Poor Kyle does not care for mushrooms. To say that he “does not care for mushrooms” is putting it mildly. In fact he hates them.
I like mushrooms. I like cream of mushroom soup, both in casseroles and just plain. (Kyle also cringes at the word “casserole.”) I like mushrooms, both uncooked and cooked, fried, baked, stuffed, and fresh. In Chinese food, on a pizza, or sauteed as a side dish with fancy steak dinners. I like mushrooms.
I do. I like them. I buy them. I cook with them.
Today, however, I made the tragic error of not chopping them up finely enough to disguise the fact they were in my salad. That was the first time I’d done that–maybe subconsciously I assumed Poor Kyle was learning to like them, since he still ate my spring rolls with mushrooms ground up so small they could have been anything.
The first time I made this mistake incidentally happened to be the first time Poor Kyle refused to eat even a bite of the dish I prepared. At first he attempted to pick the offending fungi out of the green salad. Moments later, however, he declared, “They are everywhere. I can’t even find one scoop without them!” Throwing the tongs down on the table, he moved on to eat the rice, chicken, and overcooked green beans.
Just like that, I suddenly felt I’d become the wife of a child.
He regretted it immediately; I could tell. He tried to lighten up the conversation, and complimented me heavily on my Caribbean Jerk Chicken. I was almost ready to forgive his tantrum, but then I remembered how he threw those stainless steel tongs with such fervor, and I re-committed myself to the cause of not smiling.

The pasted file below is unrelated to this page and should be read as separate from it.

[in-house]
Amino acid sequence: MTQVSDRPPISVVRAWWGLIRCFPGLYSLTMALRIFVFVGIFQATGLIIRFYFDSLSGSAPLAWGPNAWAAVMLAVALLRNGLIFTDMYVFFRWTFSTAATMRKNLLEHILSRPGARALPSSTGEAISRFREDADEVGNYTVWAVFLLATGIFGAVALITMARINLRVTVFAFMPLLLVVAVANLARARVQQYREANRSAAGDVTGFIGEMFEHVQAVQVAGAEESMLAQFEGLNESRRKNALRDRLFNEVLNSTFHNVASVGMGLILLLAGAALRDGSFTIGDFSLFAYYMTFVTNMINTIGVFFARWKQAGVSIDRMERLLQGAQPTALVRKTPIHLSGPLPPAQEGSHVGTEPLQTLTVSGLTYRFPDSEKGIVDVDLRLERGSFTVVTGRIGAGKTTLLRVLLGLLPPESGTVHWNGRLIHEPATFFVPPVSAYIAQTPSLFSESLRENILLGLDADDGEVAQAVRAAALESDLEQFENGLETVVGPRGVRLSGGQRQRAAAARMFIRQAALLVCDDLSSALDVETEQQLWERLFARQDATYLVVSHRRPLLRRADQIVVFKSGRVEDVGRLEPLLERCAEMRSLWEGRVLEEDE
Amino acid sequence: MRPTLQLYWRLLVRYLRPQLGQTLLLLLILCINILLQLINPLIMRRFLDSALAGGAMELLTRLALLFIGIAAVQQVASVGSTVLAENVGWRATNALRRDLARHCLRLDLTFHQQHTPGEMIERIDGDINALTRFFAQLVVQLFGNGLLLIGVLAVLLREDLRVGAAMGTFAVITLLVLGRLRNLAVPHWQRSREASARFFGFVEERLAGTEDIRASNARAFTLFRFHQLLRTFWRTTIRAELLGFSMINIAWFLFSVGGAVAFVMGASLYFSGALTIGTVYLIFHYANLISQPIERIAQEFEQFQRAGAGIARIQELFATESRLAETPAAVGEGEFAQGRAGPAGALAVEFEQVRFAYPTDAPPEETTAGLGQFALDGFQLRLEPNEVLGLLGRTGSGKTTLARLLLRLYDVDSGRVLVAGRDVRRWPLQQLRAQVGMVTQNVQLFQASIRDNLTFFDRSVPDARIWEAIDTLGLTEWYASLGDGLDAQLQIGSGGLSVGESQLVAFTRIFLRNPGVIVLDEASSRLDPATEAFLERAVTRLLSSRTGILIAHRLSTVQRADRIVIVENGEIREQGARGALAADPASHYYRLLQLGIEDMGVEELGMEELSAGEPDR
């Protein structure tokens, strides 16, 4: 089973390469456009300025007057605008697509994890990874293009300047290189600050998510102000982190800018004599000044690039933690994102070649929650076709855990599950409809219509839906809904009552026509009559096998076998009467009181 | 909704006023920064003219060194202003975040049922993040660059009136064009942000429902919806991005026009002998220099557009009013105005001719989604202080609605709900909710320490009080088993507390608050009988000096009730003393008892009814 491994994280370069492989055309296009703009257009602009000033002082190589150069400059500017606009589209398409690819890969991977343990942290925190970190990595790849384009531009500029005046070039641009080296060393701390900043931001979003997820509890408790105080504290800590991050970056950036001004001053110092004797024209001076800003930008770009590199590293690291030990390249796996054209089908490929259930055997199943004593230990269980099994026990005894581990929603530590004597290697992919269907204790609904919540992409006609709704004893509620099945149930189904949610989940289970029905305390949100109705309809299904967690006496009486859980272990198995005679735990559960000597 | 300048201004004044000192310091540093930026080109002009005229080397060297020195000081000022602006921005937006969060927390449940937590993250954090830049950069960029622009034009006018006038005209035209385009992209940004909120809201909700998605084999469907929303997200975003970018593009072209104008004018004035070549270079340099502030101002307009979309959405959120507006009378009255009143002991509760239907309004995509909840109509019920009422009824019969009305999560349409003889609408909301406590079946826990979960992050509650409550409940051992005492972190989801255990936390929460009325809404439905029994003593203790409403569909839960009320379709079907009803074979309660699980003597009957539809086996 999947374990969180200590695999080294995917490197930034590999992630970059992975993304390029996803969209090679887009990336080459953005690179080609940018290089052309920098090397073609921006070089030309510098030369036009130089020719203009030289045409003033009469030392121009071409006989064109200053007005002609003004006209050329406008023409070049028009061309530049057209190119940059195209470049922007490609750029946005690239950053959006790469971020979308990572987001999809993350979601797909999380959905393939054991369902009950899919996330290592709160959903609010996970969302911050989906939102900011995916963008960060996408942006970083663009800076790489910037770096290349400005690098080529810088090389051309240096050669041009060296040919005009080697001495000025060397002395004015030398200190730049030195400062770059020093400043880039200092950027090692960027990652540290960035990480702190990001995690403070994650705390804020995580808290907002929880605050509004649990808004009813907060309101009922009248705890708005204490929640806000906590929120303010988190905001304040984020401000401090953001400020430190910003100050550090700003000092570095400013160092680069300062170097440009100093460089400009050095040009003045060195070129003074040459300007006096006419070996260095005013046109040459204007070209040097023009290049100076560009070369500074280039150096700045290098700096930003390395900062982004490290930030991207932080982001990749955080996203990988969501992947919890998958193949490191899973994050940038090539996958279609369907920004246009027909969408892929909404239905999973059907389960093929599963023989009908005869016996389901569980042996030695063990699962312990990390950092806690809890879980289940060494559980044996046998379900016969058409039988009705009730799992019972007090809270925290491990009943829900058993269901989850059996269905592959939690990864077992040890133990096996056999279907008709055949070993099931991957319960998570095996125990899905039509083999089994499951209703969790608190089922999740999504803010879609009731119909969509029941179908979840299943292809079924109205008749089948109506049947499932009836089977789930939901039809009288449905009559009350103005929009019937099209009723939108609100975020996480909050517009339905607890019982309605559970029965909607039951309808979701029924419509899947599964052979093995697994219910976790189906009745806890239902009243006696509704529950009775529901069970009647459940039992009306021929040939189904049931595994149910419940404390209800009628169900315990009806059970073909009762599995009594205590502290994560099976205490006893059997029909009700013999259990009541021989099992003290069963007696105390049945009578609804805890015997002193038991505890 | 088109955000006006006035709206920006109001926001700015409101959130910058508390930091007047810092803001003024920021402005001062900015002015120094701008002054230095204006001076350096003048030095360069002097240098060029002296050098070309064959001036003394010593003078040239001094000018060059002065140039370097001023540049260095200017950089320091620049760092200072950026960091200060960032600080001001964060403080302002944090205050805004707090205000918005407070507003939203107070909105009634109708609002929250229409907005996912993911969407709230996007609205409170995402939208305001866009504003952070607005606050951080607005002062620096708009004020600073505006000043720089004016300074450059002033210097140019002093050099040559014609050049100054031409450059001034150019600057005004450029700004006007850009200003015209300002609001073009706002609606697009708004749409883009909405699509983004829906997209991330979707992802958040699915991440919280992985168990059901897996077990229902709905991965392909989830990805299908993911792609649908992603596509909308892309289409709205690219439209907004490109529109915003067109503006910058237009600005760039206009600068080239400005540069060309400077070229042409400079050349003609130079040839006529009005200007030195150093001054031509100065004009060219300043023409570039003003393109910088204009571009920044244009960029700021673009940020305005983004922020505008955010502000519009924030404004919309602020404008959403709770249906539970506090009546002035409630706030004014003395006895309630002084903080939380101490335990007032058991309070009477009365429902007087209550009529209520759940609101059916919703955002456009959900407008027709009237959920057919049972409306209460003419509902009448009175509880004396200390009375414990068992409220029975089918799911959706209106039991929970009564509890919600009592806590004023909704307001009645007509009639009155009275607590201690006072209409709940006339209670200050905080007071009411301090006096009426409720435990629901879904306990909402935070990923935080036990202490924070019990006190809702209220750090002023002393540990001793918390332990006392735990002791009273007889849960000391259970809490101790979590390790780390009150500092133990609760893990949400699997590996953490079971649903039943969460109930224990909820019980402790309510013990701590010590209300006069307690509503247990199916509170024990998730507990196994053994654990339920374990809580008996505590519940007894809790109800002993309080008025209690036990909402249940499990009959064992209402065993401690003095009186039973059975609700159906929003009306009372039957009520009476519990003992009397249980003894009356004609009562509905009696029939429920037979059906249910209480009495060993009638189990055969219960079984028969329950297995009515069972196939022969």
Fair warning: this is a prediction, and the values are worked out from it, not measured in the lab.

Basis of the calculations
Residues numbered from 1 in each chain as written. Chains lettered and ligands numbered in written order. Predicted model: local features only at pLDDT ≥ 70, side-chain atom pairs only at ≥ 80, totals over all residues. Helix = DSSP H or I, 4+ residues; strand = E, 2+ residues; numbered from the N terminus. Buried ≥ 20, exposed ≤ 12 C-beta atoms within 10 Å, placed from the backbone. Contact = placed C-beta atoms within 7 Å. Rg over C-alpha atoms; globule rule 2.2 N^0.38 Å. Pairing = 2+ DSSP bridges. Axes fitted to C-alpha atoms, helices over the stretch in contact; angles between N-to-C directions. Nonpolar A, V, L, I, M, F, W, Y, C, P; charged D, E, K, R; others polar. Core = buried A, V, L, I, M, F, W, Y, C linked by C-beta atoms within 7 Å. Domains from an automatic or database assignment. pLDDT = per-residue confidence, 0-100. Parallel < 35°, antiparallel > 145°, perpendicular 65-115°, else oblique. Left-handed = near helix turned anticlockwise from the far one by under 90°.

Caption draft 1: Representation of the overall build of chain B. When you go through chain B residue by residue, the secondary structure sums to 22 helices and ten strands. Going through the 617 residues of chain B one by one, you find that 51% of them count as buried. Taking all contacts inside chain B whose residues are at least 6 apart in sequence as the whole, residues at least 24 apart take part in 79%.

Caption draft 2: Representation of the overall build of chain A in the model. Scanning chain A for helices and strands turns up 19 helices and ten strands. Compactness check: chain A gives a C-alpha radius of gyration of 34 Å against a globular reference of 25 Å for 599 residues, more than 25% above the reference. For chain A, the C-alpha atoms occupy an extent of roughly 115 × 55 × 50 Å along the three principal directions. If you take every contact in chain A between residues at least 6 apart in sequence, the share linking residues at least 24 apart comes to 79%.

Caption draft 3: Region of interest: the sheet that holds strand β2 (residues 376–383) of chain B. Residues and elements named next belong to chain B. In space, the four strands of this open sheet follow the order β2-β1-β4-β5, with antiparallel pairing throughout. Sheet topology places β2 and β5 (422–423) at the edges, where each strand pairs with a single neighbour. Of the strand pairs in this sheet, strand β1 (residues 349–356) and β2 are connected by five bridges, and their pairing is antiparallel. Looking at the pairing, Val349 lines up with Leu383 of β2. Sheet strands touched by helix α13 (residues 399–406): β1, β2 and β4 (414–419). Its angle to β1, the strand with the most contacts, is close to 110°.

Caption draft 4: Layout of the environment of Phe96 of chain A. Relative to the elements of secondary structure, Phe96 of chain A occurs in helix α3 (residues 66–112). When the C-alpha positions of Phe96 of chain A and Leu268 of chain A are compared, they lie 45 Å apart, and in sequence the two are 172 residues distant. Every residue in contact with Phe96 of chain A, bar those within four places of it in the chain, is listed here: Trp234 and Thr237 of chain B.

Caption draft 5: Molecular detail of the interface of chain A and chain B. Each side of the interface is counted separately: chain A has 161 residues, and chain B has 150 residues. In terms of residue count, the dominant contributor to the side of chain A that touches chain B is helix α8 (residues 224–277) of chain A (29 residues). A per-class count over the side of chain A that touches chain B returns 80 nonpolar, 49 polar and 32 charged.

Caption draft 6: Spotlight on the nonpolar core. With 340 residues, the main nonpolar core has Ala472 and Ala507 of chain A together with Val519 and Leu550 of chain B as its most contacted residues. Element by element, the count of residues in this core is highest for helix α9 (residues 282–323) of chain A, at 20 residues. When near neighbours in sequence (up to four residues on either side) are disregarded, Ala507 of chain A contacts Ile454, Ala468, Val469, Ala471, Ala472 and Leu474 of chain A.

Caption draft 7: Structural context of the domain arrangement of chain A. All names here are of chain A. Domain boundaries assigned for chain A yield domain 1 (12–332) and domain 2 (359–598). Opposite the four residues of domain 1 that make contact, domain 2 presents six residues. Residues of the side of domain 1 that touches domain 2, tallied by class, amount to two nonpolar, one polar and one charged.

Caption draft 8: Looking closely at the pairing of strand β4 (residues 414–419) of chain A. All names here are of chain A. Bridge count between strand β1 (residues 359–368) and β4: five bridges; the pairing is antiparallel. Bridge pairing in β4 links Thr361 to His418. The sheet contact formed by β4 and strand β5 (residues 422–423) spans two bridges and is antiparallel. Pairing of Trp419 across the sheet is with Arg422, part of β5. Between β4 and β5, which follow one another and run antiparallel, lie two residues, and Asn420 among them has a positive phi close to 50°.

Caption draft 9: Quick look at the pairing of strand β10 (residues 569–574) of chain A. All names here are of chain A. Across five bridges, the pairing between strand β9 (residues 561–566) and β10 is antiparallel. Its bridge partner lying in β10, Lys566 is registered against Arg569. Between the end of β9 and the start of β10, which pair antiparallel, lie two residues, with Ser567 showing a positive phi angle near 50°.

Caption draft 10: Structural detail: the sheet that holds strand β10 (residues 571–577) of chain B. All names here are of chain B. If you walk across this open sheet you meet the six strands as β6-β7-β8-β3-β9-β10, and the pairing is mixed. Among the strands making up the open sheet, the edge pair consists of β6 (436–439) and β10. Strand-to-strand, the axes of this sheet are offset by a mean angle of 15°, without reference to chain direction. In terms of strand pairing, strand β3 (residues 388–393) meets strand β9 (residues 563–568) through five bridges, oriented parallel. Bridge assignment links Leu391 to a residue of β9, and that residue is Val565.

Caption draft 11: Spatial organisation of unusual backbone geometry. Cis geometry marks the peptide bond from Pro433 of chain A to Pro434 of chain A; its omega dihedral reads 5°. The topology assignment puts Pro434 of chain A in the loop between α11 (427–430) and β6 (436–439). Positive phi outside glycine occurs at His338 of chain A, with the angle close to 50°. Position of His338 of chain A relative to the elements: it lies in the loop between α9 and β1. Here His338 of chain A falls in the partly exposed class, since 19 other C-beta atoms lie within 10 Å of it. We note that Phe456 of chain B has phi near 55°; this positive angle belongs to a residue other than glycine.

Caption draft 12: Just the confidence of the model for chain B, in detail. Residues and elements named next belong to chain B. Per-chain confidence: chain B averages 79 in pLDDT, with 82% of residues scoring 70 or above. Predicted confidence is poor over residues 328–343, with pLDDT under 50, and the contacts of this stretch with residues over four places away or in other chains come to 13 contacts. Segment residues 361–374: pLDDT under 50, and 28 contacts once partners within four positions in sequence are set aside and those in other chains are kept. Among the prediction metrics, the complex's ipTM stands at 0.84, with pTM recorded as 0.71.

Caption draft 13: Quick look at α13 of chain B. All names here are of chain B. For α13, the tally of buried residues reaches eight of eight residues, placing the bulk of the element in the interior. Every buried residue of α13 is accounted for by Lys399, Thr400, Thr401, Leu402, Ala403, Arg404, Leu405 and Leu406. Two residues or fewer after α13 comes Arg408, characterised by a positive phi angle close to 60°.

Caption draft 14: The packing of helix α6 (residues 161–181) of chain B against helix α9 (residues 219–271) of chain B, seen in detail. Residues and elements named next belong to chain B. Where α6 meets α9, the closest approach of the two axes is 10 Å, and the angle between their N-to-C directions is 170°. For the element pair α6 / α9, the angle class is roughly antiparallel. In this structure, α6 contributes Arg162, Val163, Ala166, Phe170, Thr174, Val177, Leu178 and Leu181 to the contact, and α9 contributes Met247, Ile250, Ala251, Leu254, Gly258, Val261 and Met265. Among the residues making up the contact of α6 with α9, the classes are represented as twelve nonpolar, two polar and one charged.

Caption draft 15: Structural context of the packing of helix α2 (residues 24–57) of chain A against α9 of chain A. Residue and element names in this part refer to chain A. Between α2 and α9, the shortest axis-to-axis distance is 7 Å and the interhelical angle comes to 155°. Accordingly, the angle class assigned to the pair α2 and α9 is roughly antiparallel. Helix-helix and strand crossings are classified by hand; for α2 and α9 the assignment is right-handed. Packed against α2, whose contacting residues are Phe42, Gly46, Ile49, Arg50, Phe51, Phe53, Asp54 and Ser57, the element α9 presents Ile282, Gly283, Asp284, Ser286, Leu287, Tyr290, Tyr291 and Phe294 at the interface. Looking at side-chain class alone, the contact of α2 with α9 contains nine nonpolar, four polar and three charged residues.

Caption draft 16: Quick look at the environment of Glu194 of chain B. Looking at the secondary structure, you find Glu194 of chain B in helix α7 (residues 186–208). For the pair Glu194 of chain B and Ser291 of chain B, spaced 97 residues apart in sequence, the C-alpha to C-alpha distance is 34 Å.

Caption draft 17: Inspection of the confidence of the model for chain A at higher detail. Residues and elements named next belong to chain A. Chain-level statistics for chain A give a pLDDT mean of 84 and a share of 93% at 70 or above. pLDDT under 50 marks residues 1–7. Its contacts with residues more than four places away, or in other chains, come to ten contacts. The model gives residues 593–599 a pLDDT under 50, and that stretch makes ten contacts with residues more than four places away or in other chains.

I still love him, to be sure. After dinner he cleared the table, rinsed his dishes *and* put them in a dishwasher, and gave me a giant hug from behind as I stood at the sink [that’s very “I Love Lucy,” isn’t it?]. But I knew that was all the apology I was going to get, so I turned around and hugged him back.
(As I type this post, he is reading over my shoulder and denying he ever felt any remorse.)
But the point is, we are married. Like, totally.
I love Poor Kyle. There is something about him, when he’s really excited about…oh, I don’t know…Christmas, or a new X-Box controller…that reminds me of Ren and Stimpy–or is it SpongeBob? I can tell when he’s in a good mood because he’ll drum his hands as fast as he can on the nearest surface–sometimes the kitchen counter; sometimes his stomach. Often, when we get to watch a new DVD together after work and dinner, he’s so excited just to be lounging that he does this goofy little dance–he stands pigeon-toed, tosses his head back, and swings his arms back and forth. It looks strangely like an Aristocat’s dance, and it’s completely contagious. He teaches me to let go of dramas on which I would normally dwell. He forgives my trespasses much sooner than I forgive his–or my own.
Poor Kyle and I–we can [and sometimes do] communicate wholly in one-syllable words and grunts:
Me: How was your day?
Me: That bad, eh?
P.K.: I know.
Me: I love you, too.
See? We just do.
My conclusion of this in-depth study? I like mushrooms–but I love him.